Chandrababu’s personal life was indeed a disaster, with his marriage to a pretty young woman belonging to a wealthy Indian Christian family of Coimbatore failing miserably. The actor hit the bottle, and spoke brazenly about leading stars incurring their wrath. Opportunities became rare and he was pushed to financial bankruptcy.
He continued to act in films and render memorable songs — ‘Annai’ (1962, ‘Buthiyulla manidharellam’) ‘Policekaaran Magal’ (‘Porandhaalum aamballaiya’), ‘Yarukku Sondham’ (‘Ennai theriyallaiya’) and ‘Kadavullai Kanden’ (‘Konjam thallikkanum’)
In 1966, he directed a film ‘Thattungal Thirakkapadum,’ featuring R.S. Manohar, K.R. Vijaya and others. A thriller, it was well-made but did not work at the box office because of its offbeat story and the absence of formula ingredients.
The last straw was ‘Maadi Veettu Ezhai,’ which he began to produce with MGR and Savithri in lead roles. His comments to the press about MGR boomeranged and the film had to be dropped leaving Chandrababu in debt. As he told his friends, this writer included, he became an ‘ezhai’ and his ‘maadi veedu’ disappeared into thin air. None came to his rescue. The end came in 1974, when he was hardly 45.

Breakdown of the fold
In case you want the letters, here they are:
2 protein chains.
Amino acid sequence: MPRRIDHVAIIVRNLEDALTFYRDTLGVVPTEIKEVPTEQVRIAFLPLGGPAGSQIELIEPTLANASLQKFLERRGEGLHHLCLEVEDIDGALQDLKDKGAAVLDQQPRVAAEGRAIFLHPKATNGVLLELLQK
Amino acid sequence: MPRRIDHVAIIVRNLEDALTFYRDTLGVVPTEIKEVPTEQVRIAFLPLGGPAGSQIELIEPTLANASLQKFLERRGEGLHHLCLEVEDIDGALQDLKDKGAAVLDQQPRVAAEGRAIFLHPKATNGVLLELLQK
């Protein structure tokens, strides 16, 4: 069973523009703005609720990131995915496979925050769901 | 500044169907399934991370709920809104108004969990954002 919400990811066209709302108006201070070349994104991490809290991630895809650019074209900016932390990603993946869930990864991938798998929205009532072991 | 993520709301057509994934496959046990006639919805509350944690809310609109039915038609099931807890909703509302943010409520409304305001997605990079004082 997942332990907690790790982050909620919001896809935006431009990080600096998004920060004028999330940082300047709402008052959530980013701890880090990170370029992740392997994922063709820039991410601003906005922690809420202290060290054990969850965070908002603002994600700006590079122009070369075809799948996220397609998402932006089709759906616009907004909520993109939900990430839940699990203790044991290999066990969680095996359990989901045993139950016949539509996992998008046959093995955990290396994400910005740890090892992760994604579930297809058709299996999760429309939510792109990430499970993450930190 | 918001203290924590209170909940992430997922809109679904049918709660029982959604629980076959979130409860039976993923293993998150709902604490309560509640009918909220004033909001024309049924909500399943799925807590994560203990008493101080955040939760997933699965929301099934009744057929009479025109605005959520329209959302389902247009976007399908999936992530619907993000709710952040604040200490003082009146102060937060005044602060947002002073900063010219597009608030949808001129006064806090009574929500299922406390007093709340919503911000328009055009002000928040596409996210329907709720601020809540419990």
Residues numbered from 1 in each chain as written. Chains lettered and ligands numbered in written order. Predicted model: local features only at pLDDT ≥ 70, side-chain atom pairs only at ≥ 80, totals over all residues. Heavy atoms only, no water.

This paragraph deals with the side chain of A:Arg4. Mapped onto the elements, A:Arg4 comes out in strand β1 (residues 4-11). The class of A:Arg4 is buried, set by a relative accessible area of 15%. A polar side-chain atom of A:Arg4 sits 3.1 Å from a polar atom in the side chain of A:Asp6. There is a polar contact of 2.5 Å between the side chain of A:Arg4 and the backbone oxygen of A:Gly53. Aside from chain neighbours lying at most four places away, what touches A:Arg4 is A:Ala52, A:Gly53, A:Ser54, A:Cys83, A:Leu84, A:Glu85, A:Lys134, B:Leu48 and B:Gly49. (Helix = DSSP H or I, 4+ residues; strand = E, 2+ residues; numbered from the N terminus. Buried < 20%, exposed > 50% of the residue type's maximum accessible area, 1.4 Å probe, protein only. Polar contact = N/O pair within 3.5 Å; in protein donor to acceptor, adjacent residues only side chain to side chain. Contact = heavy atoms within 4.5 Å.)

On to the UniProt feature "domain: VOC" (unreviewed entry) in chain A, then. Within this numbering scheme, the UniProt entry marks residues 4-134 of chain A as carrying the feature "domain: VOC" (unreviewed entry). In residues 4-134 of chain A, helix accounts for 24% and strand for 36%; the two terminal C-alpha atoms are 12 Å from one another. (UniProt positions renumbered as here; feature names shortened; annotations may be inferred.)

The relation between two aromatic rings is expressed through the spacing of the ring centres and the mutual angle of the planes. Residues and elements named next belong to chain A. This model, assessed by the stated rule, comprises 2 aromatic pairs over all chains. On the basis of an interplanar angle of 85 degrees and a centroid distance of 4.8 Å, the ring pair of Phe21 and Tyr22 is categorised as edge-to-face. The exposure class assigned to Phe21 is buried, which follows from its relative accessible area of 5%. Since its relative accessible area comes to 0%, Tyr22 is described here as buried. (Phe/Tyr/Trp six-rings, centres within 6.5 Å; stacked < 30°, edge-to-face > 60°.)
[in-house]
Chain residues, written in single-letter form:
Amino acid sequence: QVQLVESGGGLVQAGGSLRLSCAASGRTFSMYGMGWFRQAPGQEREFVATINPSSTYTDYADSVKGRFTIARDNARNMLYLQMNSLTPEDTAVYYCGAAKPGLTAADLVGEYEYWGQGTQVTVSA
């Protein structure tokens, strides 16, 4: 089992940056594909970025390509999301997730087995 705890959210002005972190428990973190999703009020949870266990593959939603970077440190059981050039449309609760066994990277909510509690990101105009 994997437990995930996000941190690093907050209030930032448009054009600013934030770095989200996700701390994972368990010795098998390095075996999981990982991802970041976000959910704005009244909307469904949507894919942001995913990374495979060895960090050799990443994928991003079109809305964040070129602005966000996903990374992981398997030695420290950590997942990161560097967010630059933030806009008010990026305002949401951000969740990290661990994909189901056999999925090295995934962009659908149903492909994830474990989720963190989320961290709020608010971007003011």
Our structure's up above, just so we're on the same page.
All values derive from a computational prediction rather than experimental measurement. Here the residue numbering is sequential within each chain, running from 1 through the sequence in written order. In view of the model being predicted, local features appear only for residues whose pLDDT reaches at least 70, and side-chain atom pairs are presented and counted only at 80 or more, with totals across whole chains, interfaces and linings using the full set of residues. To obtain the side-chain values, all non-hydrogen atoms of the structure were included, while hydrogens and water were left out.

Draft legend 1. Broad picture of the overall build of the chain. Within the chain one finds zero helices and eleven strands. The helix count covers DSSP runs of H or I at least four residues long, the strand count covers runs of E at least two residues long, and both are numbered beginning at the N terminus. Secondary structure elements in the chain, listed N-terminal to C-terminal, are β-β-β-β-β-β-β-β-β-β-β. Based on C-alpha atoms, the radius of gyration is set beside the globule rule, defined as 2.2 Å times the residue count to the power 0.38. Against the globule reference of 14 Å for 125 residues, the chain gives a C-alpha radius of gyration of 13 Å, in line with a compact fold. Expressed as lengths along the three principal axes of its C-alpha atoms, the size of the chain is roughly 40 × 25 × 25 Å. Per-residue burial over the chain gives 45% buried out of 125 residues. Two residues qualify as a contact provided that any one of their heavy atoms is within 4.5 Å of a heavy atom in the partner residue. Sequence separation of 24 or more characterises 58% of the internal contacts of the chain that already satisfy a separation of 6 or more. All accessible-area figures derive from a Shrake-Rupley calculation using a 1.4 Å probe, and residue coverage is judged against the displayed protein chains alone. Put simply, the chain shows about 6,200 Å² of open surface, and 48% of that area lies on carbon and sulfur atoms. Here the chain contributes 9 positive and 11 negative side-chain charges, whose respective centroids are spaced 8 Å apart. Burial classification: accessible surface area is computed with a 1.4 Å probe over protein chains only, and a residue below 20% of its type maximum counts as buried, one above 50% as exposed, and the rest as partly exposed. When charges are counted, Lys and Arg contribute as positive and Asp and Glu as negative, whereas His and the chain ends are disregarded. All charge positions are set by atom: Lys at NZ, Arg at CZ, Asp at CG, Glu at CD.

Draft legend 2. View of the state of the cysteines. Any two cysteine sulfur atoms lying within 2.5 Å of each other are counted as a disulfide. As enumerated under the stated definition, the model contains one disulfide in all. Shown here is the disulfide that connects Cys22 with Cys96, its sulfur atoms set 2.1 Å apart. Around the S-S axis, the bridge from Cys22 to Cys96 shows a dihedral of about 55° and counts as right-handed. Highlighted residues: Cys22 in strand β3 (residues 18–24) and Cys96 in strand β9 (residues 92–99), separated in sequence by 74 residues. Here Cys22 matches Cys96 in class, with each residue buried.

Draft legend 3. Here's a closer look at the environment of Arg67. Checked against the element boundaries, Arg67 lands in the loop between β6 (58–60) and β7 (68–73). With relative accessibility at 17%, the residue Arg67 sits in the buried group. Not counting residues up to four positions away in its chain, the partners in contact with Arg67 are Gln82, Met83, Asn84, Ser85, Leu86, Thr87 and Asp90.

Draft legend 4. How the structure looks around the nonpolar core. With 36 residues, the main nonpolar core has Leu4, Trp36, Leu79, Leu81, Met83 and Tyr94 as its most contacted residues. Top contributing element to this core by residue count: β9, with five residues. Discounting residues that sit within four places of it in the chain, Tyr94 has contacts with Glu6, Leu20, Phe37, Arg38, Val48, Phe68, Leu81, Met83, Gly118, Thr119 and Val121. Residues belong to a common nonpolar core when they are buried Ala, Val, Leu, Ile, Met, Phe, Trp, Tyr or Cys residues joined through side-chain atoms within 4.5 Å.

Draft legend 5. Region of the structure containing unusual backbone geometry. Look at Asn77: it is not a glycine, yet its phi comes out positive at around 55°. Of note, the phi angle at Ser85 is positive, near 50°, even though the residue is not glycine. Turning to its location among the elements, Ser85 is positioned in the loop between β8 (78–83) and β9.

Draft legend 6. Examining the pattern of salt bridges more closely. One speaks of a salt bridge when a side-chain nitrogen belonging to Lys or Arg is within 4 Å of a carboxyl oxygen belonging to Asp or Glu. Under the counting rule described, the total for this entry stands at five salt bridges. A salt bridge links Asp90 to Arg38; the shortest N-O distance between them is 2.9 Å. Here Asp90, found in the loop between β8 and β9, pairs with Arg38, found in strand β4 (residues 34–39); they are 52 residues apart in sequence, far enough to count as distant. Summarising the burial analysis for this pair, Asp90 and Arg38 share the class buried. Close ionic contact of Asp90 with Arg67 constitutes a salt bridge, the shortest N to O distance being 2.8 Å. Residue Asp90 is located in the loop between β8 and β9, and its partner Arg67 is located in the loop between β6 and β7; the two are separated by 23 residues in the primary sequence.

In his heyday he lived in style. In his home in Mylapore, he had a ramp built inside so that he could drive the car right up to his room!
Even after three decades he is popular — audios and videos of his music and movie sequences are still much sought after.
(This is the second and concluding part of an article on J.P. Chandrababu. The first part appeared in these columns on September 25.)